“In spring, at the end of the day, you should smell like dirt.” — Margaret Atwood
Yesterday was a wonderful day. I am “babysitting” this weekend. I really don’t have to do much to watch these kids because they are getting too old for much tending, and I’m reminded that in a few short years they will be grown and off to college. But this weekend we spent time together, and they help me get one of my gardens ready for planting before the March winds drove us back inside where it was warmer.
What I love about gardening is that I feel a sense of satisfaction. I feel like I have accomplished something. I’d like to have a much bigger garden space, and this year I’m going to add two more beds – and hopefully some flower beds around the perimeter of my yard. I have a huge space. I could grow lots and lots of things. And I dream of that. I dream mostly about all the time I’ll have after I retire.
I have always thought that I’ll have a backyard that is just bursting with gardens and all the wonderful things that gardens bring: flowers, vegetables and herbs. The garden we planted today will be a lettuce, pepper, and tomato garden. I have a vision of a wonderfully big round herb garden in the middle of the yard. I have visions of flowers all around the perimeter of the yard. I’m adding to my single little garden this year, and slowly but surely I’ll have a grand “jardin potager”.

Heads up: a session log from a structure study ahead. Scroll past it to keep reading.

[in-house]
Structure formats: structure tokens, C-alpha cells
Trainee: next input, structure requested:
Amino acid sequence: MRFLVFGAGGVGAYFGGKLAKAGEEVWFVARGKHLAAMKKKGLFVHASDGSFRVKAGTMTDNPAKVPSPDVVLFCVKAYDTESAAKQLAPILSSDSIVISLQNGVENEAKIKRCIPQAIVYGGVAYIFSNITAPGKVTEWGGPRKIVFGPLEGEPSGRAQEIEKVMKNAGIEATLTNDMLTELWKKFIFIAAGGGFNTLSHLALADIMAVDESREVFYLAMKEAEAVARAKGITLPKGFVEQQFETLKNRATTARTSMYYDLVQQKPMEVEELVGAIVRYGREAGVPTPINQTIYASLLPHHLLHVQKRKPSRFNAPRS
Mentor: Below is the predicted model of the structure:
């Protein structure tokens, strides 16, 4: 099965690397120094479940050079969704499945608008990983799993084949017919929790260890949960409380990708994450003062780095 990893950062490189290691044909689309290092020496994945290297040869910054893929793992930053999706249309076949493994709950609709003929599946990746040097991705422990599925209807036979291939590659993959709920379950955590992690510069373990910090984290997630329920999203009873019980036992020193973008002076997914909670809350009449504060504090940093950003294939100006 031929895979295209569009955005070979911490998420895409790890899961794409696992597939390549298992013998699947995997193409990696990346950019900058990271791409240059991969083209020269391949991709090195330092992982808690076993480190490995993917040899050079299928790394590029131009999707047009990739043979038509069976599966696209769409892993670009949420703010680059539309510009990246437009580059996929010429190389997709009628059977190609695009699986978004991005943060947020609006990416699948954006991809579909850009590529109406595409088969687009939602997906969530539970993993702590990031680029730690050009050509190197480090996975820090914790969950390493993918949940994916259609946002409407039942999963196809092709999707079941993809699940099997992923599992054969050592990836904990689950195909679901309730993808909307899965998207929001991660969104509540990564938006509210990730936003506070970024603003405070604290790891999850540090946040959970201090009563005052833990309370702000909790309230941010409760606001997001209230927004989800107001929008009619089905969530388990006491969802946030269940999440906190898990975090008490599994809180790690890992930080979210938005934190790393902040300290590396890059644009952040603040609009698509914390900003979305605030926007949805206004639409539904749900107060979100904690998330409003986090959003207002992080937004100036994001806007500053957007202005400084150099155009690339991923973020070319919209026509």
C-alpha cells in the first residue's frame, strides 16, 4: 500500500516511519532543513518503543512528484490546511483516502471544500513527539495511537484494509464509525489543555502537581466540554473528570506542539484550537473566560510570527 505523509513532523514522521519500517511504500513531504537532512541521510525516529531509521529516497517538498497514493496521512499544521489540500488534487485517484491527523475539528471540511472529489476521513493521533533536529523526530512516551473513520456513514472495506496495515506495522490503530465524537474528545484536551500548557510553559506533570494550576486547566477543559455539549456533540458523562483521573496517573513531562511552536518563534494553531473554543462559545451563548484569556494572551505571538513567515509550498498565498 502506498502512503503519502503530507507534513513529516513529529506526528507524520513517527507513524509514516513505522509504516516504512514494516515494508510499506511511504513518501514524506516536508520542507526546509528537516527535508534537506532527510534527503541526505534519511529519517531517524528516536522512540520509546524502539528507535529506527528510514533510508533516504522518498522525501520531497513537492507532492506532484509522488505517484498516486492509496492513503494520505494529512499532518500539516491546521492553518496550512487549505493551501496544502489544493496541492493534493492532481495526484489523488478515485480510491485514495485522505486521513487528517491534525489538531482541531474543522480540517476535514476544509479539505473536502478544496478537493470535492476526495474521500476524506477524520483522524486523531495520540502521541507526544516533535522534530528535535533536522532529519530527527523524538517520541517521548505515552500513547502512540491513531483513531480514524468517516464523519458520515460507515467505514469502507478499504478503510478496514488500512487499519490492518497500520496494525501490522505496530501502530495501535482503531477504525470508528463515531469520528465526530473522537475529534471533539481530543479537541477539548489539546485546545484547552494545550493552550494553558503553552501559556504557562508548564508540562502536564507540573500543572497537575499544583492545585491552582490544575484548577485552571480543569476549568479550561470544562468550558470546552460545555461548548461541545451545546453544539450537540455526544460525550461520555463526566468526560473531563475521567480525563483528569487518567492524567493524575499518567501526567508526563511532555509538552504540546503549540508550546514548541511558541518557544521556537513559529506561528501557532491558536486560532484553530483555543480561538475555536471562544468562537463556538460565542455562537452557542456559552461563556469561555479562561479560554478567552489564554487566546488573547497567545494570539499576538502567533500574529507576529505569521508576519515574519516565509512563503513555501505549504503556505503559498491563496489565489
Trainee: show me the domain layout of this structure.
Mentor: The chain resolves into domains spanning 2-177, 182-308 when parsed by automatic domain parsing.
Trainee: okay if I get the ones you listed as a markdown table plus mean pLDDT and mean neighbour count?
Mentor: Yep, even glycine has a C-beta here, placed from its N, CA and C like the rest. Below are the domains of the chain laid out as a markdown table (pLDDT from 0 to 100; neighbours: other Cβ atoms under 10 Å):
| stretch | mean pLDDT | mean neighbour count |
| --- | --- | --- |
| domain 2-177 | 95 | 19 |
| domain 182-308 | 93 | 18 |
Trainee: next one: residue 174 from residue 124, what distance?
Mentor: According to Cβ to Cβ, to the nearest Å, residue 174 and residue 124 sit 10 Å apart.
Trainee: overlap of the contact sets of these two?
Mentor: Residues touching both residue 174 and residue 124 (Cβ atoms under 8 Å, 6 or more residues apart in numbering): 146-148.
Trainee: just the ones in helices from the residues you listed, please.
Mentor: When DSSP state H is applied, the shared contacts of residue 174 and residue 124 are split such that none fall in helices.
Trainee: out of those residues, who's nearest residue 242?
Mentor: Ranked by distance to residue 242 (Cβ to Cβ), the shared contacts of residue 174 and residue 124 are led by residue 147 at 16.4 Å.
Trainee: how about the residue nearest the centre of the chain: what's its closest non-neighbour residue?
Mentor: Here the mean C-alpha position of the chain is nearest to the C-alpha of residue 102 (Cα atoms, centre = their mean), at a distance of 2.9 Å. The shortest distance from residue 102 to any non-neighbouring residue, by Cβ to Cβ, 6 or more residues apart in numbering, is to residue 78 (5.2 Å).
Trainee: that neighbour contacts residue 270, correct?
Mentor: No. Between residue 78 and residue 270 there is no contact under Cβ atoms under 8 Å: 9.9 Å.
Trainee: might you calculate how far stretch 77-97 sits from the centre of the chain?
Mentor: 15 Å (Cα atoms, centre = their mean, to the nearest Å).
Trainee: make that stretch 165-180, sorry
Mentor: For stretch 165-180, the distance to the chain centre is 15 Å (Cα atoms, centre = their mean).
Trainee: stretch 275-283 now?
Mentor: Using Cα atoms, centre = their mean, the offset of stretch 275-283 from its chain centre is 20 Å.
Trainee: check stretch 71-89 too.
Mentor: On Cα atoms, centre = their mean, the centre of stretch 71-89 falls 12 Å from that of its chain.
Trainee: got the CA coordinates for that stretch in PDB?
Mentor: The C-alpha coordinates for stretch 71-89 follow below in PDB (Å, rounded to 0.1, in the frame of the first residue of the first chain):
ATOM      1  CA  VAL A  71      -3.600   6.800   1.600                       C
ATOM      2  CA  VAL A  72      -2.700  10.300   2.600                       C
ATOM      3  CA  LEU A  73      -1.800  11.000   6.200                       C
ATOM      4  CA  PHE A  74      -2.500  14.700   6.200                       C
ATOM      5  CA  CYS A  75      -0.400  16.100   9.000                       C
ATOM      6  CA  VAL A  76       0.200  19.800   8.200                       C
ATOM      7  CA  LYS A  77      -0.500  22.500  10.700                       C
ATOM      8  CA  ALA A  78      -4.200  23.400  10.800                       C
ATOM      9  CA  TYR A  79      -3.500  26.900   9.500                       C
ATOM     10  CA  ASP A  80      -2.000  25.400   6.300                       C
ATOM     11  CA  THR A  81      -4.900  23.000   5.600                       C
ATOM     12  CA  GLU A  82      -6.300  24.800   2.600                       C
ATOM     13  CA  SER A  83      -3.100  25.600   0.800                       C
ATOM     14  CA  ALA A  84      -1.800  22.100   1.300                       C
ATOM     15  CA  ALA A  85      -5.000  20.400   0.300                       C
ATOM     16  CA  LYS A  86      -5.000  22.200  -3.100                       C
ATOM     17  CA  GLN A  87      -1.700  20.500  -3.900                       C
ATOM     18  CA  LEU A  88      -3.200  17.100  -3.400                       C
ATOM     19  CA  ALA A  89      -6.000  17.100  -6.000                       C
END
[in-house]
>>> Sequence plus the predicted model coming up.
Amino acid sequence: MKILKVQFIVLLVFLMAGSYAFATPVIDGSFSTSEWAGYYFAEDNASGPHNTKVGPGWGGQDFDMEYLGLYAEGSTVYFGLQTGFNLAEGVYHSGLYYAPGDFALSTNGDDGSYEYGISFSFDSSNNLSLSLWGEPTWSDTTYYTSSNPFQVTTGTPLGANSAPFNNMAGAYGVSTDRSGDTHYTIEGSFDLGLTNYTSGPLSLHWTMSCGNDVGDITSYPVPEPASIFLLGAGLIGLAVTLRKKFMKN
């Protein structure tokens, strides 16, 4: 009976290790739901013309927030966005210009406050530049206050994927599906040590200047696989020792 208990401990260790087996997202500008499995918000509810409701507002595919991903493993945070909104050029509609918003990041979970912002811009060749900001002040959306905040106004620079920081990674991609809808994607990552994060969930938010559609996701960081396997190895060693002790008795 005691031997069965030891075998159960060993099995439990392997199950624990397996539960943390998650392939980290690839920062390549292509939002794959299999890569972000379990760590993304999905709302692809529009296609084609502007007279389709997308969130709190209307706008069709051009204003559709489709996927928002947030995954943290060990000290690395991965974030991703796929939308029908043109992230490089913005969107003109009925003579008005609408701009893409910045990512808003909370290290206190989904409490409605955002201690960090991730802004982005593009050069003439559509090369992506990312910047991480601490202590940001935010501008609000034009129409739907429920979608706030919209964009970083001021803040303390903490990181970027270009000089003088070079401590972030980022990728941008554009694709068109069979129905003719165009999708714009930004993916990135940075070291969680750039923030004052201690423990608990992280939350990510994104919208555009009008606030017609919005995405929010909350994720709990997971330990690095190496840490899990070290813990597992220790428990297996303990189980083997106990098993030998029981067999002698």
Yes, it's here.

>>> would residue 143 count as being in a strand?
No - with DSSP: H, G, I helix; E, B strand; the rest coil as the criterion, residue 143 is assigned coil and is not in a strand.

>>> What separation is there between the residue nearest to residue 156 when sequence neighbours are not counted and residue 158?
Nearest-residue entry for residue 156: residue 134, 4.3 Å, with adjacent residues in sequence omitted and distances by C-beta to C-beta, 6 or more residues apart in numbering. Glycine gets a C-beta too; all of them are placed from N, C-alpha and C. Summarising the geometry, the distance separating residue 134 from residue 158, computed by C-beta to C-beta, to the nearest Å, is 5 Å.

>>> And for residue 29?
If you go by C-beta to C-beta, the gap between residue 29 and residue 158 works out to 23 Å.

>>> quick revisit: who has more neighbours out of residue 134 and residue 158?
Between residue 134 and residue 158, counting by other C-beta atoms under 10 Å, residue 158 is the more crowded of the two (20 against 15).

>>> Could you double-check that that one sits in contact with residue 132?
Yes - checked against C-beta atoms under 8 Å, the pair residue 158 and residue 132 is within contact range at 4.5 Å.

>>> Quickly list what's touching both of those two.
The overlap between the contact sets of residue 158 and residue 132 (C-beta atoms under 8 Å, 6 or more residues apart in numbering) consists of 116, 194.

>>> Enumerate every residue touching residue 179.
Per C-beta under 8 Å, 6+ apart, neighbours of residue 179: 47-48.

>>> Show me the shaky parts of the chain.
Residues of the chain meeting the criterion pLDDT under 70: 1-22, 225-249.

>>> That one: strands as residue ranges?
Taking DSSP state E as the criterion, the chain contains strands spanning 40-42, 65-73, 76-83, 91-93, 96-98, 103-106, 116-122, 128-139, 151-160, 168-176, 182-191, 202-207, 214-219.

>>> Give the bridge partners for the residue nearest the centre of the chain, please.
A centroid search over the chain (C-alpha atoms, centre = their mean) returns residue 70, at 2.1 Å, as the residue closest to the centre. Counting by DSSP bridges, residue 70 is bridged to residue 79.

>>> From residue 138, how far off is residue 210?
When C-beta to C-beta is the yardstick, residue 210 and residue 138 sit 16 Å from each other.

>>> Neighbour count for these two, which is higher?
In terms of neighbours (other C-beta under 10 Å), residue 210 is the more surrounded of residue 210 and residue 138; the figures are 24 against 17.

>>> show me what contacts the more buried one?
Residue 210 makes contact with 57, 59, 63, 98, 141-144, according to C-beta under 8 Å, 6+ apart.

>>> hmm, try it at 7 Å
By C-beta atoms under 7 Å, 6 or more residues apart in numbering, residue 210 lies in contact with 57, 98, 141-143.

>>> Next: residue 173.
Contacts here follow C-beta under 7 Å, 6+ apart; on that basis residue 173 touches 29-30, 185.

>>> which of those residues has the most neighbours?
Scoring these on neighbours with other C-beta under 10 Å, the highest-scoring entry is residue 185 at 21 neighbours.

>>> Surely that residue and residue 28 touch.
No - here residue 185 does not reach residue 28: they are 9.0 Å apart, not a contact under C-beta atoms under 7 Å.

I think the most important part of gardening is patience. It is not instant. But by working at it year after year, before long a wonderful space emerges. So many things about gardens take a little time, like getting a wonderful compost pile going and learning how to make organic additions for the garden, like worm tea.
Here are some of my favorite people/authors who are writing and talking about permaculture, urban gardening, and front yard gardening. Morag Gamble gardens in Australia, which is a pretty different climate than what I have here in Ohio, but she really has lots and lots of good ideas about gardening and making composts. The link takes you to one of her YouTube videos. Here is her blog, also fabulous! Charles Dowding is a wonderful person who writes about no dig gardening. He also lives in a very different climate from my own, but I really believe we can learn a lot about gardening by listening to what other gardeners are doing in terms of planting and mulching, etc., even if the gardener isn’t living right in our area. My favorite book that I’m reading right now is The Essential Urban Farmer by Novella Carpenter and Willow Rosenthal. This is truly an inspiring account of two young women who are carving out a permaculture in the heart of Oakland, CA. I can’t recommend this book enough. Last but certainly not least are the grandparents of creating a life centered around growing and living a more natural life, Scott and Helen Nearing. If you don’t know them, here is a short film about their lives. You can read more here.
Well, that’s about all for today. The kids are waking up and it’s time to go back to being “babysitting” grandma! Have a wonderful weekend and go ahead, make a little start on a garden today. It will be warm any day now.